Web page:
Matinal is methodical as he unboxes the gramophone, whose parts live in several locked boxes with silver embossing: Bang & Oluffson. Tonight he is solemn and focused. His thick, shiny hair flops to both sides of the part as he heaves boxes and stacks of magazines around to make way for his precious. When he has assembled the gramophone, he simply touches the needle to the vinyl. We listen to The Police’s “Greatest Hits.”
The sound is so pitch perfect — it reaches right into my chest. My ribcage contains all the bass, and I want to close my eyes and take in Sting, who is watching every move I make. I stand wedged between an old quilted chair and a dusty mid-century console, and I don’t know where to look. Matinal is studying the record player like a friend with whom he is being reacquainted. My eyes track around the room, but eventually the music grips me. I stare at the floor because it’s embarrassing to have a moment of ecstasy in the upstairs parlor of a stranger while a co-worker plays show and tell.
I don’t know how I will explain this to John: how it came to be that I had a late night rendezvous with a coworker–and his record player. Who goes to an unknown location with a strange man to listen to music? My mind whirs as does the vinyl recording of an Englishman in New York. “I’m an alien/I’m a legal alien.”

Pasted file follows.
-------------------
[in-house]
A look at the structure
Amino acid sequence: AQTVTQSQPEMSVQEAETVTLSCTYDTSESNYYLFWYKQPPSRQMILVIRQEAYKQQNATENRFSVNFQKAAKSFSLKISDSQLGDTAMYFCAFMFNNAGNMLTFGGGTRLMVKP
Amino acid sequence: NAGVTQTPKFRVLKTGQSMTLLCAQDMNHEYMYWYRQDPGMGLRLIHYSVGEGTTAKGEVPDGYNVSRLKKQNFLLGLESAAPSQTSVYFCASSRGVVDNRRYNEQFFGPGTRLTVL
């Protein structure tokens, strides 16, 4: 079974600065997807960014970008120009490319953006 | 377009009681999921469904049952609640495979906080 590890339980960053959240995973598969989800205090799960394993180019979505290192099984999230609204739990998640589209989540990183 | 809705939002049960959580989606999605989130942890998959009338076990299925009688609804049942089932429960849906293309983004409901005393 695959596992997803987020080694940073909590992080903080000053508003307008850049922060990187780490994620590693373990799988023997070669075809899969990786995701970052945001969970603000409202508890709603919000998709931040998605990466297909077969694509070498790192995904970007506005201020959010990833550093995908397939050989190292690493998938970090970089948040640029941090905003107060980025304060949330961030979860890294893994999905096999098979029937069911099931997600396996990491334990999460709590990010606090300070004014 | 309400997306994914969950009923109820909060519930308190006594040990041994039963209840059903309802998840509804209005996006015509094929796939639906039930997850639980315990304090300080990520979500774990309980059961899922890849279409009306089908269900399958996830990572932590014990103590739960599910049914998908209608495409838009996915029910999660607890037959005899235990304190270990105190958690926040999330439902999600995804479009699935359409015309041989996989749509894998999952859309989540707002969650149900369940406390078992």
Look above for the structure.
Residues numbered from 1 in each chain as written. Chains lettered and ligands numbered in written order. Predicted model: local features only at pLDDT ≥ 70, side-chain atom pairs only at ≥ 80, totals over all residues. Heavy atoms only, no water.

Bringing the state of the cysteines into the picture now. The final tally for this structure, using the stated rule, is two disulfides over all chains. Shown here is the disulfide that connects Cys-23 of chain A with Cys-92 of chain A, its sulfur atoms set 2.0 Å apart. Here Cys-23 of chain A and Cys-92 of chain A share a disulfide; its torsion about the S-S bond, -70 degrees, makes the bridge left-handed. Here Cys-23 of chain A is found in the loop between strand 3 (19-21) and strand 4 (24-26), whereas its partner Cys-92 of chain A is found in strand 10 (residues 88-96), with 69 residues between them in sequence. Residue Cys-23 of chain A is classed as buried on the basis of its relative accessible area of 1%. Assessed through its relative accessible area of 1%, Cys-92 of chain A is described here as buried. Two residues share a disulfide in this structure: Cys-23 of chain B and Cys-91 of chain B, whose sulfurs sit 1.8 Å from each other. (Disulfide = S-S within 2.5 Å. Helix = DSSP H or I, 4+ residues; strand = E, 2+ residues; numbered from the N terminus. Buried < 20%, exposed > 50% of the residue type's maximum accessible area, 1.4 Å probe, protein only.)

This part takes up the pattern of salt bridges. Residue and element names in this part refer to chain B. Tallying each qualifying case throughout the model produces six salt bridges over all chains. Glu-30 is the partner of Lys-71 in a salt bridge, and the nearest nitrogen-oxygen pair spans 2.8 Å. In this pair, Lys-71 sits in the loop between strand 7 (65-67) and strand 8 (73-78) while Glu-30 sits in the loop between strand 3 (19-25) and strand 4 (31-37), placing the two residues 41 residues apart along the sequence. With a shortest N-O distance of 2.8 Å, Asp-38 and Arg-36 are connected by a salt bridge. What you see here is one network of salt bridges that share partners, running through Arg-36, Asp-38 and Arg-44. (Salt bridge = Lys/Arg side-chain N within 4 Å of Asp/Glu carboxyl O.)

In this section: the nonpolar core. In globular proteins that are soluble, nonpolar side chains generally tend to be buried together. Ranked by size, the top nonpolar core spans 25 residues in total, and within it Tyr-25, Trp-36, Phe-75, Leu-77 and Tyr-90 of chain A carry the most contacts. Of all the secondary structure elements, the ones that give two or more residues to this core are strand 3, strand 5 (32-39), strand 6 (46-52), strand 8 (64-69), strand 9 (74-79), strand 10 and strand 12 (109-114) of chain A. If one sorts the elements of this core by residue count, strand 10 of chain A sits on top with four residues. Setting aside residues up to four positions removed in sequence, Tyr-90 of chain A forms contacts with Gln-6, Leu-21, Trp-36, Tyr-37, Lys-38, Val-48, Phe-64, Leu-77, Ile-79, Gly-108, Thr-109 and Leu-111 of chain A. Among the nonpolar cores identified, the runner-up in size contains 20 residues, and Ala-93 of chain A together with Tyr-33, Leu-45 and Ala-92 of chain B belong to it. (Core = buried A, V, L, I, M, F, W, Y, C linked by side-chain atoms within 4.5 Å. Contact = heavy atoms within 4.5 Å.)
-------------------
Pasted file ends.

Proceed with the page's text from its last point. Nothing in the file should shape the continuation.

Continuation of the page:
After three or four songs, Matinal closes up the record player, and I wonder when he will get to listen to it again. I want to know if Matinal has chosen me specifically to share his record player or if he brings all the girls around to see it. I want to know if he comes here only when the homeowner is traveling. Then a feeling of nausea floods me. I don’t know if it is the cramped room or all of the mixed emotions and nerves converging in the perfect storm, but I want to leave.
The radio in Matinal’s car is set to a jazz program and the difference in sound quality is remarkable. Bang & Ollufson has ruined me. I don’t want any impure sound touching my ears anymore.
Something else has changed in the last hour, and the purity of those sounds allows me to access something I needed and maybe always had. I think about the cost of compromising, on the garbage for which we settle, on the treasures we hide behind stacks of magazine back issues we think we will someday read. I start to ask Matinal about high fidelity, about how he defines it. But then I sit back and listen to a soprano saxophone blitz and wane as he drives me back to my apartment. I feel every bump in the road.
Kendra Stanton Lee is a teacher and writer in Boston. She lives with her counselor husband and their two children at a boarding school. Her writing has appeared in JMWW, Pangyrus, and Slate, among others.